The Ultimate Practice

Do you:

  • Think you have a stellar practice?
  • Spout off inspirational quotes about “right” living?
  • Laugh in the face of nay-sayers, your soul and psyche unmoved by outside forces?
  • Call the yamas your b*atches?

Well, how about testing out your practice?

Want to?


Ok . . .

Let’s do it.

But first, say hello to my little friend.

. . .

Photo Credit:


[the hooooooorror!]

Enter Pete the palmetto bug. Rampant in the great state of Florida, these little guys – because nasty bugs are always male – rear their hideous heads tentacles anywhere and everywhere, especially in the summer months. You can clean incessantly, spray regularly [a poison which is welcome if it rids the house of critters], get a cat and/or dachshund [thanks for the suggestion, Elizabeth!], all to no avail. You will see one at some point. And he will run across your living room/kitchen/bathroom, taunting you and reminding you that living in the tropics does have its downsides.

I ran into this unpleasant house guest in the shower the other day. I gasped and dared not to move an inch lest I frighten him, spark him to scurry and lose sight of the bugger, only to discover his presence at a later date. Like, in my wine glass [aaaaand I just threw up a little bit in my mouth].

So what was a yogini to do? Why, beckon The Big Guy, of course! Convinced I had severed a limb based on my blood-curtling beckoning, he quickly realized the source of my alarm when he laid eyes upon Pete. On cue, The Big Guy broke through the shower door and squashed Pete the palmetto bug like a hired assassin, without blinking an eyelash.

[assassino! assassino!]

In those last moments of Pete’s life, though, I had a fleeting thought – Does ahimsa apply to palmetto bugs? Should I have swallowed my disgust, captured Pete and had him escorted outside? [I mean, The Big Guy was a bouncer once]. Surely I would’ve requested insect removal over immediate assassination had I discovered a caterpillar and/or cricket. Why don’t palmetto bugs get the same treatment? Perhaps, though, it is not for me to decide which insects to wage war against. Like Arjuna’s reluctance to fight his brethren in the Bhagavad Gita, maybe I am a palmetto bug warrior. Maybe my duty is to fight them, no questions asked.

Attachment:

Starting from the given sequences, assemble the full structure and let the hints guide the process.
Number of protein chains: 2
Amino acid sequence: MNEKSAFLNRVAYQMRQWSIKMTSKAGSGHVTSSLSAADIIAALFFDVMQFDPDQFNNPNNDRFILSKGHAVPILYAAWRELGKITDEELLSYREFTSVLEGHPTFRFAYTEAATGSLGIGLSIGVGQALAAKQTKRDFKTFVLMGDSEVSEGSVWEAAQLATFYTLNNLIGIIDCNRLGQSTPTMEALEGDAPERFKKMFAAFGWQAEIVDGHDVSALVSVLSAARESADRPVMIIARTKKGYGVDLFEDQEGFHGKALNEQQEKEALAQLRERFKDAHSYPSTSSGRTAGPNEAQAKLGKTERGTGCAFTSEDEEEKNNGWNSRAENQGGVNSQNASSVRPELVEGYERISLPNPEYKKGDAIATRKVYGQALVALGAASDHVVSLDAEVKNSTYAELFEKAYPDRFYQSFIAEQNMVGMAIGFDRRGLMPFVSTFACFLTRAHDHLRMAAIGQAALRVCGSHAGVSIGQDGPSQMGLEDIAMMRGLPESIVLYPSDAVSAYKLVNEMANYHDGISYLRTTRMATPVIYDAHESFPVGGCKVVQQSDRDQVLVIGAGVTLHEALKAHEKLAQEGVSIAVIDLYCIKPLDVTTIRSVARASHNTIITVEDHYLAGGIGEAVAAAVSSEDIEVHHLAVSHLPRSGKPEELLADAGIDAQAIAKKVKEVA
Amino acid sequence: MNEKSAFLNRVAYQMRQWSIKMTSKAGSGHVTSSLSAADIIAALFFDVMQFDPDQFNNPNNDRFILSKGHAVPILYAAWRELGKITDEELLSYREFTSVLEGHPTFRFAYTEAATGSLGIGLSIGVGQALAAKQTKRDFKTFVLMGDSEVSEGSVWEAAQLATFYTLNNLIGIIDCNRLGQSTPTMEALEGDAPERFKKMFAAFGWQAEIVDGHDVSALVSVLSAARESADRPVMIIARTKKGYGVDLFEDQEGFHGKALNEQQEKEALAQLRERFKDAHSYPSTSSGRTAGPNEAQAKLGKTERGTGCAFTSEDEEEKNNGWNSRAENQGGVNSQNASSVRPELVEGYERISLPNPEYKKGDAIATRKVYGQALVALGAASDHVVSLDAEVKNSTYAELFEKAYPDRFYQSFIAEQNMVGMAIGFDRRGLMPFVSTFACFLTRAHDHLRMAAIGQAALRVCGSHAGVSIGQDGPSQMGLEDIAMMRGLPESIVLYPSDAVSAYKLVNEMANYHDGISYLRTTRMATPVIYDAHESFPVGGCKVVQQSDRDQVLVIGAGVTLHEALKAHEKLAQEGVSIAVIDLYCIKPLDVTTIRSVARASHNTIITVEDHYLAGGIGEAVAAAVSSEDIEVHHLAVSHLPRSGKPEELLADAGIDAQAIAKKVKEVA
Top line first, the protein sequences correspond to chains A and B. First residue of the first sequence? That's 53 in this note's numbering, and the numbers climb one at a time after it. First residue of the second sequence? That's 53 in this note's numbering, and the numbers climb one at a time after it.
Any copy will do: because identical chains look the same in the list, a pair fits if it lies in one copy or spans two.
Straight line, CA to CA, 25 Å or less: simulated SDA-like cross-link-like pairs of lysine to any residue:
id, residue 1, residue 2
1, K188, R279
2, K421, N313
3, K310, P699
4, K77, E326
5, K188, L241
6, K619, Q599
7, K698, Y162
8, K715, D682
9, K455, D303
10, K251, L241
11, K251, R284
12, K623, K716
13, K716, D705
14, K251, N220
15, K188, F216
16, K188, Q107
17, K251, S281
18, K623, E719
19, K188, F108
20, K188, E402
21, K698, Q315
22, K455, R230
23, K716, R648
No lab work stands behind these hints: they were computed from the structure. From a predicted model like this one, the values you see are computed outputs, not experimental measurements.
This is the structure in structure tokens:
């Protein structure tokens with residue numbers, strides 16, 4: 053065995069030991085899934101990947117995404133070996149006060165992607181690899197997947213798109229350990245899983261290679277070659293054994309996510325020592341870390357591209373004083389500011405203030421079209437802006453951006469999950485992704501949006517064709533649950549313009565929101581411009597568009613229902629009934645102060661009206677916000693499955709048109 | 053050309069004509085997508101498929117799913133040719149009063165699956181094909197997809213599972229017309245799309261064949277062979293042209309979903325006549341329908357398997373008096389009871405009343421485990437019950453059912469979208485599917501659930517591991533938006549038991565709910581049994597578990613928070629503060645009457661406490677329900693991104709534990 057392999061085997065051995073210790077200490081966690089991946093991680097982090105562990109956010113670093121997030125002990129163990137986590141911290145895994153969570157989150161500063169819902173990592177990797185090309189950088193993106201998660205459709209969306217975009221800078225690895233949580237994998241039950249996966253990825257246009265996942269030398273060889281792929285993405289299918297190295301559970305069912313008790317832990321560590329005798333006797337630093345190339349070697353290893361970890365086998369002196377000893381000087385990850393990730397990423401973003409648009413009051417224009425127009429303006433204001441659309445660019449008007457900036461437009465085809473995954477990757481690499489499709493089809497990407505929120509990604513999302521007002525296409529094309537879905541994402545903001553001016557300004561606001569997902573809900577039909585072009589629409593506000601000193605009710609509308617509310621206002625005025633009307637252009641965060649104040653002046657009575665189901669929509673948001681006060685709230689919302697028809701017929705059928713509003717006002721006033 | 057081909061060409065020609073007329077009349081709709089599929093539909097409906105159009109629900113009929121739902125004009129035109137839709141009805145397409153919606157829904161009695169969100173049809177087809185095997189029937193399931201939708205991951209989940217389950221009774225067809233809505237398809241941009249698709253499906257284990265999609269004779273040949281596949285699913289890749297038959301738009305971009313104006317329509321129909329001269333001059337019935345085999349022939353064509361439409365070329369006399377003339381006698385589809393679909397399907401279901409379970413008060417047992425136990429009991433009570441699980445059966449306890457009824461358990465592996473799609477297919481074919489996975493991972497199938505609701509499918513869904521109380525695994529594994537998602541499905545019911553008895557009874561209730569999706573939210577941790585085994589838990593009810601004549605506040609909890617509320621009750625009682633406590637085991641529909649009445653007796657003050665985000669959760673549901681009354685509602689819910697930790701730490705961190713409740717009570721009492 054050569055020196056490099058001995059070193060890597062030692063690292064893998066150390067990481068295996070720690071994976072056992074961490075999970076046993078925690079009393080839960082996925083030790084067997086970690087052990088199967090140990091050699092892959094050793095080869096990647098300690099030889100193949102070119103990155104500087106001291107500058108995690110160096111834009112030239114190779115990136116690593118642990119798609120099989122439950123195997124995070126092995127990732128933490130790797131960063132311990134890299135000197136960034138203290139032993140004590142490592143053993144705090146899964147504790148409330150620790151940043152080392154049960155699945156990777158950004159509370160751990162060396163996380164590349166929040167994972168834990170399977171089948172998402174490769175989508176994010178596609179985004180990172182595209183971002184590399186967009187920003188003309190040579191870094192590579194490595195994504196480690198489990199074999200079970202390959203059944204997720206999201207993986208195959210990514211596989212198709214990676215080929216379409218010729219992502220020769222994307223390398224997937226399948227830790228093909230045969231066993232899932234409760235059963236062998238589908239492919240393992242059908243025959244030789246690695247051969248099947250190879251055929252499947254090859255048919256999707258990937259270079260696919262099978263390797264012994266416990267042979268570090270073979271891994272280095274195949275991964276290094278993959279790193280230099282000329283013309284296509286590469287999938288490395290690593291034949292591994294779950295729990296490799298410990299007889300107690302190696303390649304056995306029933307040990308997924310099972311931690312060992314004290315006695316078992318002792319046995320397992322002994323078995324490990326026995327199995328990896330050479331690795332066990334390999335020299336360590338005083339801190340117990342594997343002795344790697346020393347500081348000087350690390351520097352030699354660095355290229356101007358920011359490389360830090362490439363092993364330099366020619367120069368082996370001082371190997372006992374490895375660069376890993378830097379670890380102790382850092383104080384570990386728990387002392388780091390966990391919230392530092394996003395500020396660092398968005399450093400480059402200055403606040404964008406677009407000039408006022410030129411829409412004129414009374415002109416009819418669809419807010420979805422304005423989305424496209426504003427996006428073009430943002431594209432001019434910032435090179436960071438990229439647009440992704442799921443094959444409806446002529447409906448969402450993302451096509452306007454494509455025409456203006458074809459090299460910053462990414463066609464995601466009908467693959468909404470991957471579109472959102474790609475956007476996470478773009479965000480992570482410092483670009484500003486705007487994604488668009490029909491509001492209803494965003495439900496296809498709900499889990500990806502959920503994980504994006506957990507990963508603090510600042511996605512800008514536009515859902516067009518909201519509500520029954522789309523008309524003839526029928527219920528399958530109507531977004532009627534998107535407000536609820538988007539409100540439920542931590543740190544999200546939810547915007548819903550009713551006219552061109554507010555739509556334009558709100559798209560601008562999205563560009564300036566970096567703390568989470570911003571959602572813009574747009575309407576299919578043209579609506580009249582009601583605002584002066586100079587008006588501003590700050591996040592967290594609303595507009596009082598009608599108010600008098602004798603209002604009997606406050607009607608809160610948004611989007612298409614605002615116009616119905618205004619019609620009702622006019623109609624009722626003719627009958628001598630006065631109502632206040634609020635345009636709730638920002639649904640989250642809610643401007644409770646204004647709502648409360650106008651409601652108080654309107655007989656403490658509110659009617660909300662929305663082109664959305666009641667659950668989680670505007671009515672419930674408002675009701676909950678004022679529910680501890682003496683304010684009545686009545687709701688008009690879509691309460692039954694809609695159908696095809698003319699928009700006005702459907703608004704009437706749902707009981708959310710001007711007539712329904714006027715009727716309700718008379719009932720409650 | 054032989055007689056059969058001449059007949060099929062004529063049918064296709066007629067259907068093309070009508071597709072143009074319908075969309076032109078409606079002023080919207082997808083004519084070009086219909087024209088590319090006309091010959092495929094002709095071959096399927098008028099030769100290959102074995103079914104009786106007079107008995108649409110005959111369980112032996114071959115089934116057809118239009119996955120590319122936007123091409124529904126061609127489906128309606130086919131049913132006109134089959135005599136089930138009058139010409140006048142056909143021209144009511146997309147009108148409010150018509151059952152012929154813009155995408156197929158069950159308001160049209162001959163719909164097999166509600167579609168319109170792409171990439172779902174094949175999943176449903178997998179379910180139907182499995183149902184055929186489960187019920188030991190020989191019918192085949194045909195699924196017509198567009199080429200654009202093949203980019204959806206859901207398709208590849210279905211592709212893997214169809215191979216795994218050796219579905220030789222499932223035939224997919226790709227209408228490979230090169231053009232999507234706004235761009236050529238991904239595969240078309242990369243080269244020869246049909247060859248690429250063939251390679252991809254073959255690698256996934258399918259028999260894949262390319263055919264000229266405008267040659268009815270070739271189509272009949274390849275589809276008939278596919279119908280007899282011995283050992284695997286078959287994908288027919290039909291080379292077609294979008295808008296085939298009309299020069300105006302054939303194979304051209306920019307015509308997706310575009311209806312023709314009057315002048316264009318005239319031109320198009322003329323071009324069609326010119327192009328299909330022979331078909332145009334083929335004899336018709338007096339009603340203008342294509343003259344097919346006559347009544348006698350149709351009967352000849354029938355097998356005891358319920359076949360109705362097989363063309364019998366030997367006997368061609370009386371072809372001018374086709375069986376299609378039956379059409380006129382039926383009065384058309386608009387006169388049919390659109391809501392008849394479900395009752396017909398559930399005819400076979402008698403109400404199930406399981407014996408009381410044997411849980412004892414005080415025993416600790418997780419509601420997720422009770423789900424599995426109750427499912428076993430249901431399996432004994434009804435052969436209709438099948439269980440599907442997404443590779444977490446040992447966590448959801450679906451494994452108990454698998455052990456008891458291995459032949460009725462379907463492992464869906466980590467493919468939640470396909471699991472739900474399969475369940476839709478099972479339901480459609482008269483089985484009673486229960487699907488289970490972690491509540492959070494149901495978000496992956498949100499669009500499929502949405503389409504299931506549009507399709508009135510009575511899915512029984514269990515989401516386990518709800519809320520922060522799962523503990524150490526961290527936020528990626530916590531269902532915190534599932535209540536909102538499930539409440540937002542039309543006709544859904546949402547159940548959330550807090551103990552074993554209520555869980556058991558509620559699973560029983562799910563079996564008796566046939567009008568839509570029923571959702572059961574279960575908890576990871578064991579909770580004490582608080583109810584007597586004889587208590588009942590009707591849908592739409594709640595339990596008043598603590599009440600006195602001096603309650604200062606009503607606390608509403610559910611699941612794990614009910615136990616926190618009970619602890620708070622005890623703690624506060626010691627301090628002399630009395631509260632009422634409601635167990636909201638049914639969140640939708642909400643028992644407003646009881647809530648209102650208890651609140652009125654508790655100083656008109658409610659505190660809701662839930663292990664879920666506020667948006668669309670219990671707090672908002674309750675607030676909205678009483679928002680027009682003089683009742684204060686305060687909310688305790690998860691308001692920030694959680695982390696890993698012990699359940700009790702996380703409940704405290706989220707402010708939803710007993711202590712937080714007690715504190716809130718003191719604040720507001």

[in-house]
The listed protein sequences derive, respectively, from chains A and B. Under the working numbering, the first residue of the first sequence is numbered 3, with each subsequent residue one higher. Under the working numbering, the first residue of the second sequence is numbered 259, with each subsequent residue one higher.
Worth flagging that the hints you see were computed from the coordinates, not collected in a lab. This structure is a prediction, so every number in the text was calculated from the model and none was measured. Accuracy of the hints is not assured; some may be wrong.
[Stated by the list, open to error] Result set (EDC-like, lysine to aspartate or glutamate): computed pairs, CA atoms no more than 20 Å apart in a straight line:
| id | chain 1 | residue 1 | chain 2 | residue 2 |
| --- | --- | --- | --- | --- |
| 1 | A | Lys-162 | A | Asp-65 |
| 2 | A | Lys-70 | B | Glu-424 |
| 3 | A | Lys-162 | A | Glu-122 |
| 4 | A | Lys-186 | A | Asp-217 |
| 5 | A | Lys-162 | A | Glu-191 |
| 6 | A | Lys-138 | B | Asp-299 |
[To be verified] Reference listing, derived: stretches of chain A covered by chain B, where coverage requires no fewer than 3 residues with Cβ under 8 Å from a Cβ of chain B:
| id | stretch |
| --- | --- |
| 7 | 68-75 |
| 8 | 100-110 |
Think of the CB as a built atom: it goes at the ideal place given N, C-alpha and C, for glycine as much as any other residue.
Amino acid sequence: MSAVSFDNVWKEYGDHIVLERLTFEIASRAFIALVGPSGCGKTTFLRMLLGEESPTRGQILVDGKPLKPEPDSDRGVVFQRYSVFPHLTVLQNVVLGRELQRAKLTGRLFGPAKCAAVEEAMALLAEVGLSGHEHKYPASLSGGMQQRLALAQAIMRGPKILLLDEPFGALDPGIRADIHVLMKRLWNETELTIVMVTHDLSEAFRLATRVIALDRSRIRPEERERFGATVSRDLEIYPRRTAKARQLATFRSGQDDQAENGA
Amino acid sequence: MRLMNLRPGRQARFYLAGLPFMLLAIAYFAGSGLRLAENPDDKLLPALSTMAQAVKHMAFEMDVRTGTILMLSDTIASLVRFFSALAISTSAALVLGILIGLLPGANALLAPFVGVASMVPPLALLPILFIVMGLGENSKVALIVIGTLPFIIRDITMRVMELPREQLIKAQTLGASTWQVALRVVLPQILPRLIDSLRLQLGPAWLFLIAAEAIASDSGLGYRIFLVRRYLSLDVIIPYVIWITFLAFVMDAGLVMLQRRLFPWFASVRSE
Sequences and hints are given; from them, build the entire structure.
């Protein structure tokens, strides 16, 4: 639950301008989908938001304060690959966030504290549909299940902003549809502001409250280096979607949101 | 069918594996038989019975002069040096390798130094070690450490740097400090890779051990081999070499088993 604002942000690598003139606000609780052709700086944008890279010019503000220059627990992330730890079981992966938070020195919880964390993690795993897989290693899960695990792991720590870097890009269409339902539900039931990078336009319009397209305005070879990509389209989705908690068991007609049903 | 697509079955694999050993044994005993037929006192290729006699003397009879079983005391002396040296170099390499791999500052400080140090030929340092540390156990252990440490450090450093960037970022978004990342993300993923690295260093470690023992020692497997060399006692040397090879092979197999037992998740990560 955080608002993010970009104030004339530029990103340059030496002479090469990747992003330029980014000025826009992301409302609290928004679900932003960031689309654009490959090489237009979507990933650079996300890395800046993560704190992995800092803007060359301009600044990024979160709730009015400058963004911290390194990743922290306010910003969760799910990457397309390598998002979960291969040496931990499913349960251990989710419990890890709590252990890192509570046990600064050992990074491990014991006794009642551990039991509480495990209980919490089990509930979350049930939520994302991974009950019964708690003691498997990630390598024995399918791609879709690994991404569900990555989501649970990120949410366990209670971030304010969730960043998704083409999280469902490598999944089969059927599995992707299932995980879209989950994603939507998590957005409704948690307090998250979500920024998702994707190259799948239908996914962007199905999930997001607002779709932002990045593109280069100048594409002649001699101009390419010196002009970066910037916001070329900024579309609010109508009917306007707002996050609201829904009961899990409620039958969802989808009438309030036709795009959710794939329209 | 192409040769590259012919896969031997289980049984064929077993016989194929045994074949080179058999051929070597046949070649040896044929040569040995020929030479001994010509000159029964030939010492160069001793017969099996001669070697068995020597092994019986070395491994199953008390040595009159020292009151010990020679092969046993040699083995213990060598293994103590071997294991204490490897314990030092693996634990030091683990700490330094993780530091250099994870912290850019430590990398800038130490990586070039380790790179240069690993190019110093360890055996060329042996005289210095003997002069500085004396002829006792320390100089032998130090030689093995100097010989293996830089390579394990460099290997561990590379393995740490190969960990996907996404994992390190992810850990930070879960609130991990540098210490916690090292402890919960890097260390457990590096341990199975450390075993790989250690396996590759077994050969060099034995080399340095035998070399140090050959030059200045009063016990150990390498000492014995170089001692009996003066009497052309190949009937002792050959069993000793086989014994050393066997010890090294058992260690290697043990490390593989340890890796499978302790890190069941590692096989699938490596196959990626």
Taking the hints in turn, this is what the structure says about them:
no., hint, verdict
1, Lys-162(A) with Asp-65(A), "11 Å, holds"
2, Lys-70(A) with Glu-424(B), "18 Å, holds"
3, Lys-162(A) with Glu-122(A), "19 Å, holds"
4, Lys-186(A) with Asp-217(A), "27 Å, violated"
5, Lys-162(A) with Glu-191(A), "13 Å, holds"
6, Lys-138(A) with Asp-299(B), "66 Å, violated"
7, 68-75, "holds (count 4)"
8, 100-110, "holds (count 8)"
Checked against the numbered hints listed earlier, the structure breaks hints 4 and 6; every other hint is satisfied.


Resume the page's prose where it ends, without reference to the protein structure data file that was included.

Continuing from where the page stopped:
Like Krishna said to Arjuna,

Prepare for war with peace in thy soul. Be in peace in pleasure and pain, in gain and in loss, in victory or in the loss of a battle. In this peace there is no sin.

Bhagavad Gita 2:38

Nice try. However, that rationalization would only suffice if God stood before me and spoke to me [which didn’t happen].

So, I am left with my sin, hypocrisy, and non-observance of ahimsa. And not only did I not practice ahimsa but I also ordered someone else to do my bidding. Who am I to impose bad karma on another? If I wanted the bug dead, I should’ve had the hootspa to do it myself instead of enlisting the Blackwater Bug Killer.

There is blood bug goo on my hands.

. . .

Am I alone in my hypocrisy? How far does your practice of ahimsa reach into your everyday life? Do you have bug goo on your hands? πŸ™‚

4 thoughts on “The Ultimate Practice

    1. Lol! Anna, they are back and in full effect! It’s that time of year when I’m finding dead ones every few days around the house. So gross [I shudder].

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